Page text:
Dr. Rachel Levine, President Biden's nominee for Assistant Secretary of Health. (Daniel Shanken / Reuters)
While a record high of 5.6 percent of US adults now identify as LGBTQ, only 11.6 percent of that total consider themselves transgender, according to a Gallup poll released last week. For Generation Z or those born between 1997 and 2002, just 1.8 percent say they are transgender, the highest of all age groups in the survey.
"Over three generations, trans identity has increased from 0.2 percent to 1.8 percent, a staggering 800 percent increase," wrote author and longtime gay rights activist Andrew Sullivan in response to the results of the Zum survey Better and more people can express themselves, it may also be due to a shift from lesbians to the trans category as butch dykes increasingly turn into men and part of that is likely due to the sheer tendency to be trans among the trans young. "
Stacy and Rick shared what a friend's daughter who recently came out as a transsexual first told them: "Why can't she just be a butch lesbian?"
Katie made a similar point about acceptance and changing attitudes.
"Right now, I can tell you, it's way cooler and you're going to get a lot more exposure as a transsexual than as a lesbian. When you come out as a tranny, you are brave, you are brave, you get a lot of praise," she said.
Stephen Rosenthal, medical director at UCSF's Adolescent Gender Center, which addresses children on a range of gender issues, said back in 2018 that the rise in self-reporting for transgender children was partly explained by changing attitudes in society.
"The question I get asked the most is whether the transgender population is actually growing or if more people are coming out," Rosenthal told the Washington Post. "I am convinced that it is the latter. It seems that there is almost a critical mass that has arisen due to increased public awareness and acceptance of diversity."
Ralston, who still has a close relationship with his son Jake five years after his sex change surgery, believes we still haven't reached a critical mass for the percentage of children who identify themselves as transgender.
"It will keep rising. People who just had no idea what this was or what this is now will very soon know someone, either in their family or in the family of a friend or friend who is trans," said Ralston.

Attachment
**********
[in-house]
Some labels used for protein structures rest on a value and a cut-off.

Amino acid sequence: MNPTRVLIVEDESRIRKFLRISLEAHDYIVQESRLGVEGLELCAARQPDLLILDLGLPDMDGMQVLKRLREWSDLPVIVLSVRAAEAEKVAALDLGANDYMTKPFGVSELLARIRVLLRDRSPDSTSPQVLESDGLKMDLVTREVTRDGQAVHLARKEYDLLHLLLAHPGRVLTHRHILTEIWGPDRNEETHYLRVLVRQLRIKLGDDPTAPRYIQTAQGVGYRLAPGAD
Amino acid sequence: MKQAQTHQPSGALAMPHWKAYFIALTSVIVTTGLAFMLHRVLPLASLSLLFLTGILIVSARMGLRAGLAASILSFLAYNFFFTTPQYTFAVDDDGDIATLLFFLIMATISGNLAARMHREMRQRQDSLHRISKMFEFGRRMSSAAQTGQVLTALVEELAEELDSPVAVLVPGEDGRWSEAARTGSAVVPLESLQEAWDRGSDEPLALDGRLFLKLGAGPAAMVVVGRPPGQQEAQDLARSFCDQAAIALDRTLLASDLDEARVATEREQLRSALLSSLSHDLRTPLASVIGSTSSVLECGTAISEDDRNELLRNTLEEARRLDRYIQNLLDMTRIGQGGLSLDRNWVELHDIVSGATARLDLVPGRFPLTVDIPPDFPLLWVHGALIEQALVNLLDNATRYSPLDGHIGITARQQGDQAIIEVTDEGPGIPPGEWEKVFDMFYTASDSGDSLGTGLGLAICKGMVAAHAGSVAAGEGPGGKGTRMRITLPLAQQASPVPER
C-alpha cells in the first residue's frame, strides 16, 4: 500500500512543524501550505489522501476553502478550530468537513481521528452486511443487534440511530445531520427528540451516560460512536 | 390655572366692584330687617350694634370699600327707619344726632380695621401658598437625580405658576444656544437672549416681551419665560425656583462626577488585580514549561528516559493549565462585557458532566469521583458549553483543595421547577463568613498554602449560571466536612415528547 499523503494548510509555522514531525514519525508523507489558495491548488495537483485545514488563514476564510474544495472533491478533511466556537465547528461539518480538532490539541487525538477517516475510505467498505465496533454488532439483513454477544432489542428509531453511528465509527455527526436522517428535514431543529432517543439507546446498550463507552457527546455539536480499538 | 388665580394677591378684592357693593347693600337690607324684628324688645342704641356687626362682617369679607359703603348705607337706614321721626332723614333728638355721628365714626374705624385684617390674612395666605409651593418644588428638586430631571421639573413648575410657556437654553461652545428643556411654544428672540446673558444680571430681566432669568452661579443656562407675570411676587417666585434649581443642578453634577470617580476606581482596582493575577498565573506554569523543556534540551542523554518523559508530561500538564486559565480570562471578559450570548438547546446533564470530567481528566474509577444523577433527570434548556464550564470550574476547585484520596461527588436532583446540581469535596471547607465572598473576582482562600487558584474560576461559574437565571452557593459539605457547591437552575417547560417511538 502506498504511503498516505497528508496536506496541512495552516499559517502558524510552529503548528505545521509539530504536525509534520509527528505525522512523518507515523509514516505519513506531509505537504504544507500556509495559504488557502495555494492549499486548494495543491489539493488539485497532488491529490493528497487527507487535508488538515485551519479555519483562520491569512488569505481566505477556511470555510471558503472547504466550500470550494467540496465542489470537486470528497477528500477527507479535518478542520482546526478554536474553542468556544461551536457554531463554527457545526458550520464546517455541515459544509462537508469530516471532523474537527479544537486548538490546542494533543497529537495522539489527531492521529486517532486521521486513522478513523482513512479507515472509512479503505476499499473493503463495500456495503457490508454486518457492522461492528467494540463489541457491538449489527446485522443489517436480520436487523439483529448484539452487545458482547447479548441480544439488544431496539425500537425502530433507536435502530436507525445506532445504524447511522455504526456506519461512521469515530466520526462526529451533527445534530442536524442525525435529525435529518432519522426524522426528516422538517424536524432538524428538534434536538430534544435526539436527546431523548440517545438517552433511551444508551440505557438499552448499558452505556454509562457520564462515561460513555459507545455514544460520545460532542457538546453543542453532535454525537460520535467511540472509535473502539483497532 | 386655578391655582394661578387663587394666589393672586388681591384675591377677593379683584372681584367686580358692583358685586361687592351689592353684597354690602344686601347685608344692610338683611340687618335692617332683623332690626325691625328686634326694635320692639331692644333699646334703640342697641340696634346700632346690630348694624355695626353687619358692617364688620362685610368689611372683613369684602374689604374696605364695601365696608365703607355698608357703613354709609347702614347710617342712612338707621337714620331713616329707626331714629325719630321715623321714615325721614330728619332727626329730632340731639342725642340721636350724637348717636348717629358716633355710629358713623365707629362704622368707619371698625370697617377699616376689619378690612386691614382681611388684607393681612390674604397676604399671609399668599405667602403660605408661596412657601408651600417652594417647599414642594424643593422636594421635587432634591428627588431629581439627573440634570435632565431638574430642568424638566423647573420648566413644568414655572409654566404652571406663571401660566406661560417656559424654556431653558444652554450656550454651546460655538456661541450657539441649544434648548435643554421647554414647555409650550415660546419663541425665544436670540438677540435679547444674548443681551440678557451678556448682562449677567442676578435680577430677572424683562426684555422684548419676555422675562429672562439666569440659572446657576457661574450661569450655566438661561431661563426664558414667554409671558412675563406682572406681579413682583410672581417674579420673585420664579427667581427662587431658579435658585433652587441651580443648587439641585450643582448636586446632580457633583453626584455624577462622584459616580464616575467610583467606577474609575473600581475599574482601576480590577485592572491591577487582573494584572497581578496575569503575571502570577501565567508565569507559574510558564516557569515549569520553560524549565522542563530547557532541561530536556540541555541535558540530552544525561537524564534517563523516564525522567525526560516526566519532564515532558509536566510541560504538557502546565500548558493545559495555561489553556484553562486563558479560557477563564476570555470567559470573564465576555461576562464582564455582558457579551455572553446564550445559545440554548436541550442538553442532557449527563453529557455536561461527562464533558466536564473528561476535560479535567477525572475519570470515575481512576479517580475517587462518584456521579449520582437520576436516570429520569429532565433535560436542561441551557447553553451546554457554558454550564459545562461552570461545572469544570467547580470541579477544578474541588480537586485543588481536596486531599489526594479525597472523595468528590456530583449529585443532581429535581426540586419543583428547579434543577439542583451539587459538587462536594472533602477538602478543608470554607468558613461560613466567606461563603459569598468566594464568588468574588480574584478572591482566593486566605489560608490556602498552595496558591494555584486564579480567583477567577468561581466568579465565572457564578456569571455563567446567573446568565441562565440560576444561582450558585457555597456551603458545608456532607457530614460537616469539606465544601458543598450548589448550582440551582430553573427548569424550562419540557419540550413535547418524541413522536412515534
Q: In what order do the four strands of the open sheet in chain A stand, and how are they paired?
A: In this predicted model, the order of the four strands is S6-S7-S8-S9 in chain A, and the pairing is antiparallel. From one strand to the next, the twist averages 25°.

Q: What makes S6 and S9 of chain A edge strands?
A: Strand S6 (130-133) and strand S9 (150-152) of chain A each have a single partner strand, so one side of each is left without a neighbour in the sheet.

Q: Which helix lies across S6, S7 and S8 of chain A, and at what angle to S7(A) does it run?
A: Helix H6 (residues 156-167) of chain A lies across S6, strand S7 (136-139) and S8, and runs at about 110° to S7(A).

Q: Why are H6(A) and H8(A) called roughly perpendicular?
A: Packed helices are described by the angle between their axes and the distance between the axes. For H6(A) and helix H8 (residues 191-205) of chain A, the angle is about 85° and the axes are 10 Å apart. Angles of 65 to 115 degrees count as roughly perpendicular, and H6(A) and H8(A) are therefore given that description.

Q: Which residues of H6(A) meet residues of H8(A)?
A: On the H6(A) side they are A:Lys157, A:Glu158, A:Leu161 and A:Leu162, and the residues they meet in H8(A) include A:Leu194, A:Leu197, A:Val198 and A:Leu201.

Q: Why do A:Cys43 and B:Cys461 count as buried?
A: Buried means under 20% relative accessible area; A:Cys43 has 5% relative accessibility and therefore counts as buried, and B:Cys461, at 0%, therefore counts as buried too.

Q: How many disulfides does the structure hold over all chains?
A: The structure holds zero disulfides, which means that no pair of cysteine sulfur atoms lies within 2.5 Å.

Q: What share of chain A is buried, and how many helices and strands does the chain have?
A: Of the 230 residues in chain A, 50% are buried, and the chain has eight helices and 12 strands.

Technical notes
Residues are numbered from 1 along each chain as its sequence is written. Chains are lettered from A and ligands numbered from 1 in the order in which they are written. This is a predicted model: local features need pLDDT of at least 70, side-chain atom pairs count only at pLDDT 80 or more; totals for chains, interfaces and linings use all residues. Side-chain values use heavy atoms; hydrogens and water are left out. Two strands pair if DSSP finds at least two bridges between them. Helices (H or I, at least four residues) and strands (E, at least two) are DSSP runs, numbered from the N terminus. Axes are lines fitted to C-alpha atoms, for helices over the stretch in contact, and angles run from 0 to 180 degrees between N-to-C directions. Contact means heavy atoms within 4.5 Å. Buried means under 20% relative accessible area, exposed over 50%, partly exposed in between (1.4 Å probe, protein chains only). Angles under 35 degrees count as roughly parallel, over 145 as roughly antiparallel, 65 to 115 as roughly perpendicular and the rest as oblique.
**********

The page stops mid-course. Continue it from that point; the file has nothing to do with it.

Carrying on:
Katie attributes part of the surge in trans self-reporting to the fact that today's kids can hop online and create some kind of script about how to become transgender.
“I think the internet plays a big role. The conversations there have no nuances. The most extreme voices are the loudest, ”she said. "So many of the transitional individuals are on the autism spectrum, or they have ADHD, or they are highly sensitive children, or they have anxiety problems. In addition, a large number of them are same-sex attracted. So if they switch, it turns out they were lesbian or gay." . And that's not what we're dealing with. We're not dealing with the true ability to be gendered and that really annoys me. "
While the three parents of transgender children who spoke to Yahoo News each had different understandings of transgender identity and its implications, they all agreed that what they heard from Paul and Greene last week wasn't helpful .
"I feel like at this point I'm ready to tell people I don't think the trans thing is a terrible tragedy that befell our families," said Stacy. "I don't think it's completely abnormal, although I don't understand it. It's really new to all of us."
In response to the Washington debate, Ralston republished his 2016 story about his son last week. "The reason I wrote this piece wasn't to ask for more tolerance for transgenderism, but to tell parents, 'Just love your child no matter what," he said. "The fact is, there is so much ignorance about what transgenderism is and what people are actually going through, what creates this type of intolerance or, worse, hatred. That tormented me again and again. "
While Katie struggled with her decision to stop Seamus from taking hormones and blockers until he was 18, she made sure he understood her motivations. “Anything that hurts Seamus hurts me. I'm attached to this being and my whole life has been focused on helping it thrive, ”Katie said. "I take this pretty seriously and don't assume I know everything."